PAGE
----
Structural limits to level of responsiveness by the DMs
In each of the two districts that we studied, the DM was responsible for a very large geographical area and a very large population. As the Chairperson of over 150 committees in the district, the DM seemed to be structurally responsible for everything in the district. Historically, as well, from the times of great emperors, East India Company, the subsequent colonial rule to recent strong centralized governments, the DMs have been the arm of the ruler to administer the district. The structure and role perception of a DM has been accordingly defined.
Both the DMs we studied share the same frame of role perceptions. The DM has three major functions namely revenue, magisterial, and developmental. Apart from these major functions, many miscellaneous functions are also entrusted to him/her by state and central governments, depending on the needs of the government.
The District Collector of Osmanabad was very clear about the primacy of the above roles as he said,
The Government has posted me in a district to primarily take care of these three key functions; other works including execution of development programs in the district are secondary. It is only after 1 meet these three primary functions that I can devote my time for any development works. So, I have to work very long hours to actively engage in the various development programs that we have implemented in the district.
The District Collector of Bhopal who initiated the “Samarpan program” while in Hoshangabad district also worked extra hours outside the official duties both in Hoshangabad and Bhopal to give hope to millions of children with early childhood disabilities through Samarpan.
The historical role perception of a District Collector and public administration from a top-down perspective seems to have bottled the power of decentralization in public systems management in general and functioning of district administration. The responsiveness of DM is measured from how he/she responds to the higher-ups in the administrative structure than how he/she responds to officials and people lower down in the system. Optimality in geographic size and population has been little discussed and acted upon.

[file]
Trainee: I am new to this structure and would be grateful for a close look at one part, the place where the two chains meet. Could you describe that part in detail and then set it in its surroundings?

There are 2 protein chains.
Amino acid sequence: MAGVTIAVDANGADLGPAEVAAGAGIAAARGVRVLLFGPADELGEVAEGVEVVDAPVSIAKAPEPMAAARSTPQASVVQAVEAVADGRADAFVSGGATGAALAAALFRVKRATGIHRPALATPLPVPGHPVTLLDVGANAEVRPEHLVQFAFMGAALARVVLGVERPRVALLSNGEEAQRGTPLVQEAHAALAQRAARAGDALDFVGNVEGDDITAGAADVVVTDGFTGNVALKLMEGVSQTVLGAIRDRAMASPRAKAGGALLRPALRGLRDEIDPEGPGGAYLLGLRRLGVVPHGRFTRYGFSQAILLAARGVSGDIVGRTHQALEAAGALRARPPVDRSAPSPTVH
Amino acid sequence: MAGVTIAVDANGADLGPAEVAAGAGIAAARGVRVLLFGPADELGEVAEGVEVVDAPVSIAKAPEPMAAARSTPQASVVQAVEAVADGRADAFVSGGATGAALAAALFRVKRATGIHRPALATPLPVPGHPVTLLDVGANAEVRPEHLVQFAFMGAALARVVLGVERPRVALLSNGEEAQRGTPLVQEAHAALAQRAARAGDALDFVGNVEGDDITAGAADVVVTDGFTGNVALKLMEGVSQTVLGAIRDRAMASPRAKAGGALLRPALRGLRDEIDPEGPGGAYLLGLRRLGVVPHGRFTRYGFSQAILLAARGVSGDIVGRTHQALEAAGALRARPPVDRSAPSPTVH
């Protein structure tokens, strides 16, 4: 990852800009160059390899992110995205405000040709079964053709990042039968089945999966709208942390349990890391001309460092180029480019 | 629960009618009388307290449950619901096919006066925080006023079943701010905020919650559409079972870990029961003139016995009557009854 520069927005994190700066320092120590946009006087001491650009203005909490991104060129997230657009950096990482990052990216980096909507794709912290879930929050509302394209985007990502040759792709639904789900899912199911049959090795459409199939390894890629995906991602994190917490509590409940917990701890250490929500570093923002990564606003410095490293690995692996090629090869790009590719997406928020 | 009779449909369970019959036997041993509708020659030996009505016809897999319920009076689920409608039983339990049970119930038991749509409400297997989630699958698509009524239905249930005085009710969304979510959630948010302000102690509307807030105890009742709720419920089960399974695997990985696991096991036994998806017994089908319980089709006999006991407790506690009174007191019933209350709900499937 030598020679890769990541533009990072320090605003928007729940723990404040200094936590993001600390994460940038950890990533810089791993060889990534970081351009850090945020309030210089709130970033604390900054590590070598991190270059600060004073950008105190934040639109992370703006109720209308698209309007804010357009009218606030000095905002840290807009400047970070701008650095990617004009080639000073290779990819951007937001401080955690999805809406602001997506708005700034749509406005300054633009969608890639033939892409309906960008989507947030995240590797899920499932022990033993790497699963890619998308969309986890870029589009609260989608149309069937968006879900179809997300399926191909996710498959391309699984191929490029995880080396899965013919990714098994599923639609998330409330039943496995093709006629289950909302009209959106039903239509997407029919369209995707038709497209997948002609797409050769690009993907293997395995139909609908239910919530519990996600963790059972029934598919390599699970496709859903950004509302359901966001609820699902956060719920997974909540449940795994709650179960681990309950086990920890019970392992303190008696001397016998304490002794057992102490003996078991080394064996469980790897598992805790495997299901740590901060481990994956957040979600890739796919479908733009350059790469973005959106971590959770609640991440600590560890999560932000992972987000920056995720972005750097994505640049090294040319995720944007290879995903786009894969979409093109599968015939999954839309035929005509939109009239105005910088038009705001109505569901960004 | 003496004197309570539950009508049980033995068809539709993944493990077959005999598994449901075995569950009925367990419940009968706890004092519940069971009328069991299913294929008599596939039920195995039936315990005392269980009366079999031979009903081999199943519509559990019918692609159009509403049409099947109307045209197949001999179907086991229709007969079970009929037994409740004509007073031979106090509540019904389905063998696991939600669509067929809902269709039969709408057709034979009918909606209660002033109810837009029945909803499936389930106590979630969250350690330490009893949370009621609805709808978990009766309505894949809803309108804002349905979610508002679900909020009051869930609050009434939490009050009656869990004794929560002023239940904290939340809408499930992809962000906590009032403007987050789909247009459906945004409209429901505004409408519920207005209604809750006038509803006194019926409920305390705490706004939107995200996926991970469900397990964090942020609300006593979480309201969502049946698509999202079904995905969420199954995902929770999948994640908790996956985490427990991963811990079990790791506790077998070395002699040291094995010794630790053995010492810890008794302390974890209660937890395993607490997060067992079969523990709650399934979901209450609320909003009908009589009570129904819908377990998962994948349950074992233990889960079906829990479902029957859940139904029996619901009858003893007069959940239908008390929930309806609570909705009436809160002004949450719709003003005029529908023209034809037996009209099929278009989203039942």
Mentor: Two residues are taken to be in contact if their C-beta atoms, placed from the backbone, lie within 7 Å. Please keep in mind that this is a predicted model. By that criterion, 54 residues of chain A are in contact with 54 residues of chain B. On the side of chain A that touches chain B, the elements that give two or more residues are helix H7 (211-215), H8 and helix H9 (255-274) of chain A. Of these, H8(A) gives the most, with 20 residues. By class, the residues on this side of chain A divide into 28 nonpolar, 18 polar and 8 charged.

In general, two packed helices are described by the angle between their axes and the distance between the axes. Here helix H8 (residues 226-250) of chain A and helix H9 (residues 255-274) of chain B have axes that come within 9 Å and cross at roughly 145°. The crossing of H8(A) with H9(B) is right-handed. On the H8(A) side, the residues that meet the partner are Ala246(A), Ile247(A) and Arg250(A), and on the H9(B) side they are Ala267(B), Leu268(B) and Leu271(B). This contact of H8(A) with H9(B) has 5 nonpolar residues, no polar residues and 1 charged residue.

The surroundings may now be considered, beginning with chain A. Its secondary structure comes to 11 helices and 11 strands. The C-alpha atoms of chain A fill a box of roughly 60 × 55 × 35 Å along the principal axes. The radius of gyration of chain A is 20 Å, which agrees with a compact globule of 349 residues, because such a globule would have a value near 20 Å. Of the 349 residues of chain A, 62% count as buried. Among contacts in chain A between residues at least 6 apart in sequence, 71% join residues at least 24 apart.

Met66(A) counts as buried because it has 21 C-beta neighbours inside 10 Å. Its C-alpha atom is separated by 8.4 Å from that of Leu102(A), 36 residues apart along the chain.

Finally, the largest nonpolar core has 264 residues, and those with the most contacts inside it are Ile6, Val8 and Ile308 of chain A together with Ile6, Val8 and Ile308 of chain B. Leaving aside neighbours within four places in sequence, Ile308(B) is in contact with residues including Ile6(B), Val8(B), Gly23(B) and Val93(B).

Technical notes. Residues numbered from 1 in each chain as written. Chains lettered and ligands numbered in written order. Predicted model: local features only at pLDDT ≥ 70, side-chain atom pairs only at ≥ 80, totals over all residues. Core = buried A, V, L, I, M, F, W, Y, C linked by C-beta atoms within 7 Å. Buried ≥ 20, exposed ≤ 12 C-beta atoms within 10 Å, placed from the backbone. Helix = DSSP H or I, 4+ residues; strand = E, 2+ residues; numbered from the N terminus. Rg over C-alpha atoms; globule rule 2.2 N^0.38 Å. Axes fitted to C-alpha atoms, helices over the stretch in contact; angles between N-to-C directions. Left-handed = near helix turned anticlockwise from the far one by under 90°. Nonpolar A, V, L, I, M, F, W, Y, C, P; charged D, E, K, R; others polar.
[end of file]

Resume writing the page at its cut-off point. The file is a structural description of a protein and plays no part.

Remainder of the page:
Optimality in size and span of engagement. While the 73rd and 74th Amendments to the Indian Constitution were brought in to facilitate decentralization, the centralized top-down administrative thinking in the ecosystem has limited the operationalization of the above Acts. In the above context, the role of district administration could change from an administration to facilitation perspective, the optimal center for effective facilitation may need restructuring from the current district level to the subdivisional level.
With people’s participation in the governance process, the speed of implementation could increase, and most importantly, the transaction cost of implementation would reduce, relieving the financial burden on the state governments and central/federal governments. Coordination and convergence in complex systems would increase reducing the pressure on administration. For instance, with regard to the implementation of rainwater conservation program, JSA, the DM of Osmanabad succeeded in raising the available funds from INR 250 million to INR 1,250 million through systematic convergence of resources, he also reduced the cost of implementation and enhanced the speed of implementation through people’s mass scale participation.
This book captures the story of only two DMs who went out the way of their normal expected duties to resolve some of the complex issues and meet the long-felt needs of the people especially in the Jalyukt Shivir Abhiyan (rainwater conservation) and Samarpan (early treatment of disabilities in children). There are indeed hundreds of young IAS officers in India who make such wonderful efforts out of their own efforts to make a difference for the people of their district: a dream for which they work very hard to join the Indian Administrative Services. Often, they all must work extra in addition to the given responsibilities by the state to fulfill the constitutional mandate. Should the formal administrative structures not be restructured to facilitate public systems in a district to respond better to the needs of the people?